Well, I reached Beijing about 3 hours ago but will continue with the Train journey for the sake of continuity.
So, washing facilities on the train were rudimentary - the loo at the end of thecorridor, which was pretty small, smelly and wet! The Russians did vacate the compartment when I got dressed and undressed, so that was something. Otherwise, no privacy and quite a squash, but the train was hoovered each day and was fairly new and in better nick than any of the subsequent trains. The illicit bottlesof vodka belonging to the Russians had to be kept hidden around the compartment, whichwas fine until one broke (fortunately there wasn't muchin it). So for a few hours it waslike living in a distillery, especially as the door hadto be kept shut in case anyone smelt anything suspicious!! Igor, the Mongolian with the gold teeth (and very pirate-like!), spoke a few words of English was we were able to have conversations of a kind, but mainly we relied on sign and body language and alcohol to bridge the communications gap. He very kindly helped me off the train with my over-weight bag and we said fond farewells.
After 3 days and 4 nights on the train we arrived inIrkutsk on Lake Baikal in Siberia. It didn't have a lot going for it, in all honesty. There were some very attractive old wooden houses, dating probably from when this was a 'gold-rush' town, but now left to decay, while horrible Stalinist buildings go up instead. I took a bus to Lake Baikel (about an hour and a half away) and went through very attractive silver birch forests to get there - lovely in the bright 'spring' sunshine. The lake was frozen solid. Cars were being driven on it, people were having barbeques (at temperatures of -20C!) and skating on it. I was told later that the ice was at least a metre thick but at the same time there was warmth in the sun and the snow and ice was beginning to thaw. It then freezes at night and the following morning the roads and pavements are like skating rinks, but no-one ever seems to fall over, in spite of the stillettoes!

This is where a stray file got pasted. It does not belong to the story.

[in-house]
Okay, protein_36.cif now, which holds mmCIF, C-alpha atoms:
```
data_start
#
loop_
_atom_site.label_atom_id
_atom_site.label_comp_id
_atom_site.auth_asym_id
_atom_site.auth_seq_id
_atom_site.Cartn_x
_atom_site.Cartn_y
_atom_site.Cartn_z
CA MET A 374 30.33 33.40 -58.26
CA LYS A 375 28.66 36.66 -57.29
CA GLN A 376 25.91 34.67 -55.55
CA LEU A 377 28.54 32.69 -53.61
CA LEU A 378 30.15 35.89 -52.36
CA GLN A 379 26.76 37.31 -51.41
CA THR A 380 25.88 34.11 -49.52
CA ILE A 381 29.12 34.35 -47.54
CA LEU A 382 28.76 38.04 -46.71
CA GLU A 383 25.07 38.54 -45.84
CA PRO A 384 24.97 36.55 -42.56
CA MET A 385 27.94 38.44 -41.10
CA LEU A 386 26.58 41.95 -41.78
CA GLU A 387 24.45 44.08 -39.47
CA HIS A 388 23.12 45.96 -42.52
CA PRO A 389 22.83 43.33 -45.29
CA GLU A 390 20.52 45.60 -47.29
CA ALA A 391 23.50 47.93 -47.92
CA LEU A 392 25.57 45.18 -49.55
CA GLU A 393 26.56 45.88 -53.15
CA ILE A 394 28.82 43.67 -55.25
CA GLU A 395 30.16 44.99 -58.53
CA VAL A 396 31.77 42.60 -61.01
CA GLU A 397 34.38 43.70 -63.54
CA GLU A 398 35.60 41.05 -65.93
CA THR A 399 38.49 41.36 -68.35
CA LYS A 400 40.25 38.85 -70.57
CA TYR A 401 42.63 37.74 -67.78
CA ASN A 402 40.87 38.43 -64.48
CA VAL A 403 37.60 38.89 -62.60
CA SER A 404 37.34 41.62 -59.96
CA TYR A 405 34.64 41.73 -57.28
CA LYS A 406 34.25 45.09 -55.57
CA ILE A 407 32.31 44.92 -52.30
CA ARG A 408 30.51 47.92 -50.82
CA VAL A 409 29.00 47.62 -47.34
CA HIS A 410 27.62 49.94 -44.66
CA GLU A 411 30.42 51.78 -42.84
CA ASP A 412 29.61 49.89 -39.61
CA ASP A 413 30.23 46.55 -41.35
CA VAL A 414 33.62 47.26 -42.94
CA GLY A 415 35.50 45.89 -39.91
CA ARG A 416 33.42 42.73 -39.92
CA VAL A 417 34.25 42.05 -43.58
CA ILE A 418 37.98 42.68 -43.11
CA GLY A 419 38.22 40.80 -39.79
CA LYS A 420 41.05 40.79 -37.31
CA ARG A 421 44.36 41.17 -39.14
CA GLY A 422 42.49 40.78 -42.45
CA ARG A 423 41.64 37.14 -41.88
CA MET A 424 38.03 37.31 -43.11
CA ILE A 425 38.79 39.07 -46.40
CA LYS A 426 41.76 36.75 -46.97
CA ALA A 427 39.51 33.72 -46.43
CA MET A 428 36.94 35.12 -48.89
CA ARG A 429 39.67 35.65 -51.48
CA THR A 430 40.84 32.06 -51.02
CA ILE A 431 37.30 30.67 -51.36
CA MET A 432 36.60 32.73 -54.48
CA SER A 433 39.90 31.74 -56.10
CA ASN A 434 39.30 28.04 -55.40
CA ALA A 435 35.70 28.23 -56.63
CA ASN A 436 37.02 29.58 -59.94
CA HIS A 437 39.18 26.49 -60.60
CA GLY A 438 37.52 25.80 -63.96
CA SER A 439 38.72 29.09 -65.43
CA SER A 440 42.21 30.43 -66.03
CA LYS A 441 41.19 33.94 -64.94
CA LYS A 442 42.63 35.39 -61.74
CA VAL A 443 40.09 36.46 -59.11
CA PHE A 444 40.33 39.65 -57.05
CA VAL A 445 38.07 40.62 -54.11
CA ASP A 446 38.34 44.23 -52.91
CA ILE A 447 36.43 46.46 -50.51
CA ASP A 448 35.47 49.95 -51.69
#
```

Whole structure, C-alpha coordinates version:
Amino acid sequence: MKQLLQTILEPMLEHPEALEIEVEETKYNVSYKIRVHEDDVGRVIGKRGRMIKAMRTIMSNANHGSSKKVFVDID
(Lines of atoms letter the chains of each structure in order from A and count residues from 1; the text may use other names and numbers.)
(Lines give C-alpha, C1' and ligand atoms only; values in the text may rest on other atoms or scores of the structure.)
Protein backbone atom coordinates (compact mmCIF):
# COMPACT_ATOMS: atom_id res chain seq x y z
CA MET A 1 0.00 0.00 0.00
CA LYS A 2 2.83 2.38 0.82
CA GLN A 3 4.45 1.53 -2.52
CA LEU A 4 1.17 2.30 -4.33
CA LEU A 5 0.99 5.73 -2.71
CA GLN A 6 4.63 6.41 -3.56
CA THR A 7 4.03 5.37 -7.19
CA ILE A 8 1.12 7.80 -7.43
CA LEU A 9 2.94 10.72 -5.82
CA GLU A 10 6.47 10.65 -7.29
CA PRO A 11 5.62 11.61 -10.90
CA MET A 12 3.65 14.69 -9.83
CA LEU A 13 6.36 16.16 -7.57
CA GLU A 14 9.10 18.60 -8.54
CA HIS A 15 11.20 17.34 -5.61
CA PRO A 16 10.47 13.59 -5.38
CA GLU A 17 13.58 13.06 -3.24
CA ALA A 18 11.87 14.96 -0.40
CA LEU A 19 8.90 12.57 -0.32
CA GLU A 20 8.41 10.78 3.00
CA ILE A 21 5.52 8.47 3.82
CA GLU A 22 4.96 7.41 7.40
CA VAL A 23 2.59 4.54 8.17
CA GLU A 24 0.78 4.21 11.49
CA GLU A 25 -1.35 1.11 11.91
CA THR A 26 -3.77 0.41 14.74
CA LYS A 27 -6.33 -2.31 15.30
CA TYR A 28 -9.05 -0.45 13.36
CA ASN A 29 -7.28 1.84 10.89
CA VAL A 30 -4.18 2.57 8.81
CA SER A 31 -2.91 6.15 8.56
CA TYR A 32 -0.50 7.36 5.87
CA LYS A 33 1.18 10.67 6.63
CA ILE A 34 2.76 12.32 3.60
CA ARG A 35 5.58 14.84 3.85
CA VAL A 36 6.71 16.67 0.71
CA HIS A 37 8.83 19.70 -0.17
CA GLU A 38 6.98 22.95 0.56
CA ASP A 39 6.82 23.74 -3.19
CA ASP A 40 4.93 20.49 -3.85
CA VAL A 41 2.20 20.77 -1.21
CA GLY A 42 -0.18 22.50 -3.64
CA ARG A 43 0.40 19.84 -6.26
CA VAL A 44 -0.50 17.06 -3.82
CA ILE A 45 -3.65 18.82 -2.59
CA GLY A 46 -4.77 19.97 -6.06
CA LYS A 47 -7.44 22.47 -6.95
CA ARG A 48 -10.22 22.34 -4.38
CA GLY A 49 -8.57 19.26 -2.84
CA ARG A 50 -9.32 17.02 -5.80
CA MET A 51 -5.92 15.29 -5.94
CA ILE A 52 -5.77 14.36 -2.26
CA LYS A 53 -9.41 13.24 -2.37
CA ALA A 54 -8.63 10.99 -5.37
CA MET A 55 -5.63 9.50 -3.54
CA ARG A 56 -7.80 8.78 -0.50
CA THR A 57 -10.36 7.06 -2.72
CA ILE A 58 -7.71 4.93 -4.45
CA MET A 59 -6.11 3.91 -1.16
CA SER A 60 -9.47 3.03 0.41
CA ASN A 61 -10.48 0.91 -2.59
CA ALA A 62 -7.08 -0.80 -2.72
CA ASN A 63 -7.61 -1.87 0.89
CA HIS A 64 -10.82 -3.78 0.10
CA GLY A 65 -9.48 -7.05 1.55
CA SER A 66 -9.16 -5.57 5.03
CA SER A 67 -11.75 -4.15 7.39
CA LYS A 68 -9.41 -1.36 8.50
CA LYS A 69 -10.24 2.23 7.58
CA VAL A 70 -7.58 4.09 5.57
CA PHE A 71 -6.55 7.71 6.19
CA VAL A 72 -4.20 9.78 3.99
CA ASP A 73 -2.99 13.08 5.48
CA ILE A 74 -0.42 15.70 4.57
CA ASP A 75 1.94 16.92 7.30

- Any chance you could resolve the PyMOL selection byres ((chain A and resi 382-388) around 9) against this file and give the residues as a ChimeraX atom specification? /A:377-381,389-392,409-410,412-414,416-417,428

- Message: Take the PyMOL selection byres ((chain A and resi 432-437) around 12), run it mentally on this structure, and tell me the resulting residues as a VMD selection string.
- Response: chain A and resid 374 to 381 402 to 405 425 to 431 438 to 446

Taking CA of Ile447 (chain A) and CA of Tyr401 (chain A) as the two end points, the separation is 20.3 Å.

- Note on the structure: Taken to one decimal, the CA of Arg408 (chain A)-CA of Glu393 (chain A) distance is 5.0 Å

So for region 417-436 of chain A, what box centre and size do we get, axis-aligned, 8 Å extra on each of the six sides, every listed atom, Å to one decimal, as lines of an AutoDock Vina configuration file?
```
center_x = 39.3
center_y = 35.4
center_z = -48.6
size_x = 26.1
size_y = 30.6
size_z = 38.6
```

Eating can be a problem as I'm unable to recognise or ask for anything on the menu. Unless I can point to something I'm stuck. However I did treat myself to the most delicious meal that I've had in ages. I went to the hotel restaurant and had caviar in small pancakes and a fantastic fish called 'ormlu', only found in Lake Baikal. It was wonderful, an arm and a leg, of course, but wonderful!
Well it was then onwards and downwards to Outer Mongolia. I was collected at 0440 the next morning and taken to the station for the train to Ulan Baatar. It was a Mongolian train and older and less impressive than the previous one. I shared a compartment an Australian girl and an English couple from Wimbledon, so plenty of chat this time! There were no food vendors this time so had lunch in the restaurant car again, No menu this time . I was told what I was going to have (which was very good) and was on my own again. During lunch we stopped at a station for about an hour and during that time the train turned into a travelling bazaar. Every imaginable item of clothing was being sold on the platform and from out of the train windows. The restaurant car ws 10 carriages away from my compartment, so I had to battle my way past mountains of boxes, bags, mannequins, parcels, etc blocking up the corridors and takin g up every conceivable bit of space in the intervening 10 carriages. The activity was feverish amongst buyers and sellers on the platform. This was then followed by the 'crossing the border' episode - out of Russia and into Mongolia - which took 6 hours!! There were thorough searchesof compartments and endless form filling, even so, it was difficult to credit the time taken and not much time for sleep before the 0630 arrival at Ulan Baatar (I can't get rid of the underline).
Will continue thisat another time...